In 1943, Ric Riccardo and Ike Sewell opened up Pizzeria Uno in Chicago and in 1948, the first commercial pizza-pie mix called “Roman Pizza Mix” was produced in Worcester, Massachusetts by Frank A. Fiorillo. Chain pizza restaurants were soon on the rise as well. Leading early pizza chains were Shakey’s Pizza, founded in 1954 in Sacramento, California and Pizza Hut founded in 1958 in Wichita, Kansas. Both are now national companies.
While the American pizza business is dominated by companies that specialize in pizza delivery, such as Domino’s, Papa John’s Pizza and Pizza Hut, don’t discount your local pizzerias. Whether take-out only, a Mom and Pop joint or even a gourmet restaurant, pizza is truly a food for the masses and is versatile enough for any palate. So be sure to enjoy a slice or two tonight and below are pizza joints you may want to check out.
Bollini’s Pizzeria Napolitana
2315 S Garfield Ave
Monterey Park, CA 91754
Frank Pepe’s Pizzeria Napoletana
157 Wooster Street
New Haven, CT 06511
730 N Rush Street
Chicago, IL 60611
32 Spring Street
New York, NY 10012
641 N Highland Avenue
Los Angeles, CA 90036
Isn’t it fun to learn about the origins of where certain dishes come from? On that note, let’s find out how the Cobb Salad came to be.
In 1937, Bob Cobb, who owned The Brown Derby at the time, was feeling some hunger pangs and also wanting to feed some studio exec buddies who were with him, walked into the kitchen looking for a snack around midnight. Upon opening the refrigerator, he came upon the following ingredients: lettuce, avocado, romaine, watercress, tomatoes, cold chicken, a hard-boiled egg, cheese and some French dressing.
After a bit of chopping, mixing everything together and topping the salad with some crispy bacon that he purloined from one of his chefs, the Cobb Salad was born. This new dish was so tasty that Sid Grauman of Grauman’s Chinese Theater fame, who was with Cobb while Cobb was whipping up his salad, asked for it the next day. Soon after, the Cobb Salad made it on the menu and became a hit with the customers.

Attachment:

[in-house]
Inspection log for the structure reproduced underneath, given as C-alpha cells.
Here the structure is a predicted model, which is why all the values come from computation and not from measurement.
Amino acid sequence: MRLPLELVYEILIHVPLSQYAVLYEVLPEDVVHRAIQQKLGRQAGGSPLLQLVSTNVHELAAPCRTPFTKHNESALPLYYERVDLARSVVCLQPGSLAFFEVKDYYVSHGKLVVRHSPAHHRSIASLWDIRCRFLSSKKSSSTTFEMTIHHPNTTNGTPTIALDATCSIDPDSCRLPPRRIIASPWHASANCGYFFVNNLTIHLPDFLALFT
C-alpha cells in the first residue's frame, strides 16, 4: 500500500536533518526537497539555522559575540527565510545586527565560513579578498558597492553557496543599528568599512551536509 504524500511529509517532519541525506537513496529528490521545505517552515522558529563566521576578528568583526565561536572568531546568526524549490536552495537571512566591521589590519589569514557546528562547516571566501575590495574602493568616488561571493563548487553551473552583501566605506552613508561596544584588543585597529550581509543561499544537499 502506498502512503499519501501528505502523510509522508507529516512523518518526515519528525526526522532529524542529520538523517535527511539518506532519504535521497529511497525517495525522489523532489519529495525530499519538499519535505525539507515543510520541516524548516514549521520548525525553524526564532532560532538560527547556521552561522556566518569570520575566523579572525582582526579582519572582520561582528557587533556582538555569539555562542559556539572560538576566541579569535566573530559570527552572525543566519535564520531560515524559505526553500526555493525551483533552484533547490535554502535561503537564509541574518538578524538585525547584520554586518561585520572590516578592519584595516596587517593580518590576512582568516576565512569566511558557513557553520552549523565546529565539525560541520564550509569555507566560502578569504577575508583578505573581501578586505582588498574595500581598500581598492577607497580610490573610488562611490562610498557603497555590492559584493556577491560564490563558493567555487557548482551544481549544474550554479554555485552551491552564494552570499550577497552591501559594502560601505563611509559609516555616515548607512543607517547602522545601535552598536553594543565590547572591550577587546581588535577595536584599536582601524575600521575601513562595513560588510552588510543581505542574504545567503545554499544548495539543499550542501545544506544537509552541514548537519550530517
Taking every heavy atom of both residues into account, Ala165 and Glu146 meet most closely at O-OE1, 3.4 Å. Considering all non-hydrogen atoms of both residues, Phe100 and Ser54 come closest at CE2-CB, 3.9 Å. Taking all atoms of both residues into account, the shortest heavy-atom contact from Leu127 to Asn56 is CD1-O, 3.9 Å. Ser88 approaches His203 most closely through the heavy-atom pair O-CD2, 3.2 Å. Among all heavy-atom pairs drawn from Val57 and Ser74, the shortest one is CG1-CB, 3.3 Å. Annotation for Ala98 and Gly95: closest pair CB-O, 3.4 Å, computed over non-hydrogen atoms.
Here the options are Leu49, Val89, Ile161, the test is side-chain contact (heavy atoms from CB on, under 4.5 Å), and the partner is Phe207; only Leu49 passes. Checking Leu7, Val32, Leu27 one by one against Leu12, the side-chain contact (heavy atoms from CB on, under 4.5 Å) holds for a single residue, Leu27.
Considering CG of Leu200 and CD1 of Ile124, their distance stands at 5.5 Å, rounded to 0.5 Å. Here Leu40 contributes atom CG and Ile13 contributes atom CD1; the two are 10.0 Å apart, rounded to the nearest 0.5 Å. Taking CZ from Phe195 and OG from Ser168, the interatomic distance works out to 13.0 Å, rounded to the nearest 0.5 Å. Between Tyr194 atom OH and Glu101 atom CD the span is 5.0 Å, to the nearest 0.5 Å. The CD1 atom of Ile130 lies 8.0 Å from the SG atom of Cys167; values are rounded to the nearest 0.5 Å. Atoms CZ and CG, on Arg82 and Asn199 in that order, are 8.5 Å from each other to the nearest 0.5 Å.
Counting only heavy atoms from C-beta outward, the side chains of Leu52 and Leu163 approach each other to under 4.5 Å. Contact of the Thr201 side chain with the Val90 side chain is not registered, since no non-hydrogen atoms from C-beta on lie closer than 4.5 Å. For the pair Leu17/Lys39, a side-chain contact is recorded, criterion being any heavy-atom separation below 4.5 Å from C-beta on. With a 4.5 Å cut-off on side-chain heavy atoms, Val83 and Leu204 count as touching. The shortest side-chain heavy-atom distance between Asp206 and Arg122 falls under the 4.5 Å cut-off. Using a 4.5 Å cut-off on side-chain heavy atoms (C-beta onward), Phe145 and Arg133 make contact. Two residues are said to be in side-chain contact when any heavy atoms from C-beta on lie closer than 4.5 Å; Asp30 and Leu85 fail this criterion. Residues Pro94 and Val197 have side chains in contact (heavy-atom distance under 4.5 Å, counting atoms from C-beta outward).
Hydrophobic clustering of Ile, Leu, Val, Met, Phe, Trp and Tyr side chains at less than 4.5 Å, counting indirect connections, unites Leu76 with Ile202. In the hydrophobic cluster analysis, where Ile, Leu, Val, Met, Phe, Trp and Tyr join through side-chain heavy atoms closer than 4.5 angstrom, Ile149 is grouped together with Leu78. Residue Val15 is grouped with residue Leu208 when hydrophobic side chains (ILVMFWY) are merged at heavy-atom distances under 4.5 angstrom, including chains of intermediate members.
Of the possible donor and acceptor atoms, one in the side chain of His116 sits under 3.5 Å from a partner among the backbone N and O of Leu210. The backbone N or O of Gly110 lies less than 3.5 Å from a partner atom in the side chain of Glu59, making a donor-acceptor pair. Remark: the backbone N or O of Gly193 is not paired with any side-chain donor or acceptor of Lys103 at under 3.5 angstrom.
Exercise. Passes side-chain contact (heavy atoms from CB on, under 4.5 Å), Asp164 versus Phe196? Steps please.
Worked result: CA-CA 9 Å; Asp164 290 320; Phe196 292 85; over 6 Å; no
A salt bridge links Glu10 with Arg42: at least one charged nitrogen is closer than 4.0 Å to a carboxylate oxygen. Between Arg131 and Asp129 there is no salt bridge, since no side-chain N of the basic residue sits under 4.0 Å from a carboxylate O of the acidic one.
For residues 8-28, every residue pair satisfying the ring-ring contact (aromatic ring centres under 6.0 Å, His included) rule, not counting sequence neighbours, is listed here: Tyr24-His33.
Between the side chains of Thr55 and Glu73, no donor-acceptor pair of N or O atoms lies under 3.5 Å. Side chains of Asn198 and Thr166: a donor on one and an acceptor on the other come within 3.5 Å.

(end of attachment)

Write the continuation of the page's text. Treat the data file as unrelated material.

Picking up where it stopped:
To try out the original Cobb Salad at home, check out the recipe below.
Serves 4 to 6
1/2 head (about 4 cups) iceberg lettuce
1 bunch watercress
1 small bunch (about 2 1/2 cups) chicory
1/2 head (about 2 1/2 cups) romaine lettuce
2 medium tomatoes, peeled
6 strips bacon, fried crisp
2 chicken breasts, boiled
3 eggs, hard-cooked
1/2 cup Roquefort cheese, crumbled
2 tablespoons chives, chopped
About 1 cup Original Cobb Salad Dressing (below)
1. Cut iceberg lettuce, half of the watercress, the chicory, and romaine in fine pieces and arrange in a large salad bowl.
2. Cut tomatoes, bacon, chicken, peeled eggs, and avocado in small pieces and arrange, along with the crumbled Roquefort cheese, in strips on the greens.
3. Sprinkle chives over the salad and garnish with the remaining watercress.
4. Just before serving mix the salad with the Original Cobb Salad dressing.
Original Cobb Salad Dressing
Makes 1 1/2 cups
1/4 cup water (optional; see note below)
1/4 cup red wine vinegar
1/4 teaspoon sugar
1 teaspoon lemon juice, freshly squeezed
2 teaspoons salt
3/4 teaspoon freshly ground black pepper
3/4 teaspoon Worcestershire sauce
1/4 teaspoon dry English mustard
1 small garlic clove, finely minced
1/4 cup full-flavored olive oil
3/4 cup salad oil
1. Blend all ingredients together, except oils. Add olive and salad oils. Mix well.
2. Blend well again before mixing with salad.
Note: The water is used to adjust the dressing’s viscosity.